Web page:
Wine Tasting (Drinking) in Datca
Updated: Oct 13
Datca Vineyards and Wines
After our time in Urla, we wanted to stay on the Turkish wine train. Fortunately, we’d have an opportunity just outside Marmaris. The Datca Peninsula (pronounced “dacha,” but definitely not a Ukrainian dacha) is an absolute hidden gem of Turkish wine and food - and only an hour bus ride away.
One Part Bus Ride, One Part Roller Coaster Ride
Okay, yes, technically our trip along the Datca Peninsula qualified as a “bus ride.” In reality, it was more like a roller coaster ride without guardrails.
A little geography puts the drive into context. Marmaris itself sits in a protected cove that opens up to the Mediterranean in the south. From there, the Datca Peninsula juts out pretty much due west. When driving towards the tip of this narrow strip of land, you find yourself straddling two bodies of water. To the left (south) you have the Mediterranean, and the Aegean unfolds to the right (north). And, for the first third of the peninsula, the road winds along a spine of mountain peaks - beautiful views, but terrifying turns.
In a bus with a high center of gravity, the situation is even worse. Depending where you are on the serpentine road, you either have a precipitous drop to the Aegean on your right, or the Mediterranean on your left. Sure, there are less scenic ways to die, but it’s hard to appreciate the views when you’re white-knuckling the seat in front of you. Throw in the fact that our driver was apparently the Jeff Gordon of Turkey, and we were understandably relieved to start the descent into the plains around the town of Datca.
With heart rates slowing, our man dropped us off on the side of the road a few miles outside of town. First stop - Datca Vineyard.
Wine, Windmills, and a Colombian - a Datca Vineyard Afternoon
Aesthetically, Datca Vineyard’s known for its large, stone windmill. No longer functioning, the beautiful old windmill has been retrofitted into a tasting room - and one hell of a place to drink. With that as our guide, we strolled up the vineyard’s long drive.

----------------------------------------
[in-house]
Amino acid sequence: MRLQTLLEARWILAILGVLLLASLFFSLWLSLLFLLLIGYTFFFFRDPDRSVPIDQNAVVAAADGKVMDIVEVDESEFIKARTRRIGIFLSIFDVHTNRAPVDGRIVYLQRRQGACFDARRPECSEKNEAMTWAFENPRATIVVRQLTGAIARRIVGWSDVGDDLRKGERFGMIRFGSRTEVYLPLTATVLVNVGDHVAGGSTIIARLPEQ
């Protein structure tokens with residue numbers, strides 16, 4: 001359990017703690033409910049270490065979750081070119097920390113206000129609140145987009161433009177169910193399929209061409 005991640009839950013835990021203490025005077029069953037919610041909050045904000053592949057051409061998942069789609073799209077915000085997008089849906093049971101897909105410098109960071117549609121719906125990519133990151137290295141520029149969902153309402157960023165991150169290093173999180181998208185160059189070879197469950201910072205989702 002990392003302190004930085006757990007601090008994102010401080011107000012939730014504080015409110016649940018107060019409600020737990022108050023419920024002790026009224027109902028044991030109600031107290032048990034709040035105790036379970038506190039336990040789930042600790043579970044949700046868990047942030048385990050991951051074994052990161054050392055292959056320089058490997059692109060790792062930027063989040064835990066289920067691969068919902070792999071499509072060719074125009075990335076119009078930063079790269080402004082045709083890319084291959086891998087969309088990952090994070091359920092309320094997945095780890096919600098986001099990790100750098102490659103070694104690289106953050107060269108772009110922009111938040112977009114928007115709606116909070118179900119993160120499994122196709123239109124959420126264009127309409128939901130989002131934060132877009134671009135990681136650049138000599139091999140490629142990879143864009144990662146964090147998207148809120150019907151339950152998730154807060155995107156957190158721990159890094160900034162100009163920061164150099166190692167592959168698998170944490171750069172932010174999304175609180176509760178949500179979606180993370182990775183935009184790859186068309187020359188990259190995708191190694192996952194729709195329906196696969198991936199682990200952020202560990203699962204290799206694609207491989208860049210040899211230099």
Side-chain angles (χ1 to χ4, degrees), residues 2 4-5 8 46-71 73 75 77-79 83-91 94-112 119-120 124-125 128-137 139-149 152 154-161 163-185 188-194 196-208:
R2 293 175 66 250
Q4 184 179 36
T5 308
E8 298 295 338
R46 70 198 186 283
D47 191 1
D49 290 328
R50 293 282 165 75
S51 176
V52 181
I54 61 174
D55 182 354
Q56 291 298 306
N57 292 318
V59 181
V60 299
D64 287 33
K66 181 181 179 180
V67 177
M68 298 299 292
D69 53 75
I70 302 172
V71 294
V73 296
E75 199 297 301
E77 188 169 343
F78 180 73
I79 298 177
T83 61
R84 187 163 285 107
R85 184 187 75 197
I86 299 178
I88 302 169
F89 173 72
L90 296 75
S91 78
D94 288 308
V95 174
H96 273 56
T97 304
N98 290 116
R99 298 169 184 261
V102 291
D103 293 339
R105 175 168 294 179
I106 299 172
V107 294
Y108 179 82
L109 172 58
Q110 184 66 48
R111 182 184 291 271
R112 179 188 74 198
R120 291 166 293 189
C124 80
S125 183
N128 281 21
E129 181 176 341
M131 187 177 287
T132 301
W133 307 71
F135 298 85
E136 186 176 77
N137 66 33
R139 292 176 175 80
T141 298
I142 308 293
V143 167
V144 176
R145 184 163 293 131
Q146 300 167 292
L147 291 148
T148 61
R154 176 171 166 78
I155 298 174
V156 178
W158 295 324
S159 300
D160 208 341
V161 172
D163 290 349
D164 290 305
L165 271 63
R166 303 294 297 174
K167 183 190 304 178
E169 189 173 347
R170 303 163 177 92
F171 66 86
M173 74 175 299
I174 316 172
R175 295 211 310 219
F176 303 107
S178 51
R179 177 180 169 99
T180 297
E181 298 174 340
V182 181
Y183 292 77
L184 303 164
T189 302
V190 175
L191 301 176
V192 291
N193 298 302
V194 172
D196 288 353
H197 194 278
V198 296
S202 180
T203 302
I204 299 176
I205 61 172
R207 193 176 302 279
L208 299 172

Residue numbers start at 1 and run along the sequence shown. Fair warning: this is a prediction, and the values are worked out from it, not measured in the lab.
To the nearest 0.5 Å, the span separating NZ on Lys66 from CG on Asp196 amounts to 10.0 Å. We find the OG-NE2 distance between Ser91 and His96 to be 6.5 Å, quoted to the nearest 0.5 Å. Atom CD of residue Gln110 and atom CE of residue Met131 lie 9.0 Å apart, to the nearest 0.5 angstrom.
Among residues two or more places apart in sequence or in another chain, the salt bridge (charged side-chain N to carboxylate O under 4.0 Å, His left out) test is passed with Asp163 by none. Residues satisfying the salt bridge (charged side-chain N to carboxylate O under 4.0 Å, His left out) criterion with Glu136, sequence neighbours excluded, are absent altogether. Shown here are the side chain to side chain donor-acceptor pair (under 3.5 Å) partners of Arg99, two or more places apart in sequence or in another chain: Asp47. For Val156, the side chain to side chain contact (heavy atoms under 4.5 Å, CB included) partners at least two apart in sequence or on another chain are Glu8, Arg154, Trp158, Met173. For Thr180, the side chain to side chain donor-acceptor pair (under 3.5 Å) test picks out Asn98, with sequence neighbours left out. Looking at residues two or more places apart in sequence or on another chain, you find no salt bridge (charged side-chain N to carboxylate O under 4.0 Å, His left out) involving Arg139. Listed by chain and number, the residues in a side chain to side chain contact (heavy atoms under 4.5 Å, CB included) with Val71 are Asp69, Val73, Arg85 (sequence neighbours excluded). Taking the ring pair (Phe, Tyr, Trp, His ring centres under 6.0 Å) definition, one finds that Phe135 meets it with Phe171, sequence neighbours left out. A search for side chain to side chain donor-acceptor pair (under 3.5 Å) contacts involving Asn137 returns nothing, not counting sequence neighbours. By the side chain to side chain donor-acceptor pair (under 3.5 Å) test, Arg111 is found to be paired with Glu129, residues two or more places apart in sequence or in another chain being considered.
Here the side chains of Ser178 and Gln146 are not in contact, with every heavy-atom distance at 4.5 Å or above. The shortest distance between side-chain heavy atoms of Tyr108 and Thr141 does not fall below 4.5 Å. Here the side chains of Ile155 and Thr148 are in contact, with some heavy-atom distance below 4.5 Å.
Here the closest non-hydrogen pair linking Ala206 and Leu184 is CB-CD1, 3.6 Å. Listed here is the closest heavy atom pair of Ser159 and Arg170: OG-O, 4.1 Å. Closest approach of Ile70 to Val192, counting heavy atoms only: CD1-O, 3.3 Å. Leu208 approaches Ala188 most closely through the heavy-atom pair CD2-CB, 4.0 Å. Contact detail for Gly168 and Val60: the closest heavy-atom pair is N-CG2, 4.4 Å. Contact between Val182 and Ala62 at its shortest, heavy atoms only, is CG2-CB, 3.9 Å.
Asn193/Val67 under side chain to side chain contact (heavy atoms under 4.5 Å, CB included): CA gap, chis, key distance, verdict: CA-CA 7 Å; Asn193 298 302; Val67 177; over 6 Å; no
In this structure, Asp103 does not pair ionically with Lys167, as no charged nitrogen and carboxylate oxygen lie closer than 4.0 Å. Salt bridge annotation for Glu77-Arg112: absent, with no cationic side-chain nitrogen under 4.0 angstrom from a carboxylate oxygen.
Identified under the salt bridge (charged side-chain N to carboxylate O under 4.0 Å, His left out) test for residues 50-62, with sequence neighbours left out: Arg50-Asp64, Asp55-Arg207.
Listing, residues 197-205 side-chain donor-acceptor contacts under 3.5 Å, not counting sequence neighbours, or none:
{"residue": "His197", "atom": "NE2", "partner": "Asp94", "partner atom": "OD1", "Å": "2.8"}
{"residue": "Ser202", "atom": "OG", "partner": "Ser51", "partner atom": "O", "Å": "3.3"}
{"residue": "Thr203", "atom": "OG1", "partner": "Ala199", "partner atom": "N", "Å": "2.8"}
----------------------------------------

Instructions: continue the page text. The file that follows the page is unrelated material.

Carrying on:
Backing up a bit, we hadn’t really done any planning for this trip - no e-mails or reservations. We knew the tasting room was open but not much else. So, when we saw a sign pointing to “winery” one way and “tasting room” the other, we rolled the dice. Skirting around the base of the windmill’s hill, we found a hobbit hole-ish entrance into what appeared to be the actual winery - carved into the hill itself.
We’d done plenty of wine drinking already, but we still hadn’t checked the see-how-things-are-made box. Knocking on the hobbit hole door, we hoped to find someone to show us around the production area. After a couple minutes, a guy came out and shook his head - without saying anything - to indicate a closed area
Chipp: “Oh, sorry, we were hoping to tour the winery.”
Silent fellow: “Ah! I thought you were Turkish… Welcome!”
Apparently, our newly enthusiastic friend didn’t speak any Turkish and just assumed we only spoke Turkish. Bonding over a shared ignorance of that language - and fluent English - he told us his story.
Umberto had come to Datca Vineyard in early 2020 - before all the COVID lockdowns - from Colombia. His plan was to spend a month helping out around the winery to get some experience in the industry. Nearly a year later and still unable to return home, Umberto now worked full-time at Datca. And, he was thrilled to give us a behind-the-scenes tour of the winery, talking us through the entire production process. Armed with this (subsequently forgotten) wine-making knowledge, we thanked Umberto for the tour, wished him luck on his (eventual) journey home, and headed up to the windmill for some drinking.
With social distancing measures in place, Datca had a creative system for tastings. They’d written detailed explanations of all their wines and made a bunch of laminated “wine journey” menus - let the guests create their own “self-guided” tastings.
We ordered a couple full tasting flights from the host, picked up an English-language menu, and headed outside. What a view. On an elevated terrace adjacent to the windmill, we looked out to the Mediterranean one direction, and back east the other direction to the mountains over which we’d had our adrenaline-inducing drive.
It’s funny how a few glasses of wine have a way of cutting through highbrow posturing. When we began, Chipp embraced the self-guided aspect of the tasting, narrating the history and details of the first couple wines we tried. But, we’d be lying if we really cared about that - far more interested in the wine, itself. Welp, in vino, veritas - by the last couple glasses in the flight, we just briefly glanced at the name of the wine up next.
Knidos Winery “Moderation” (and a Dog Park?)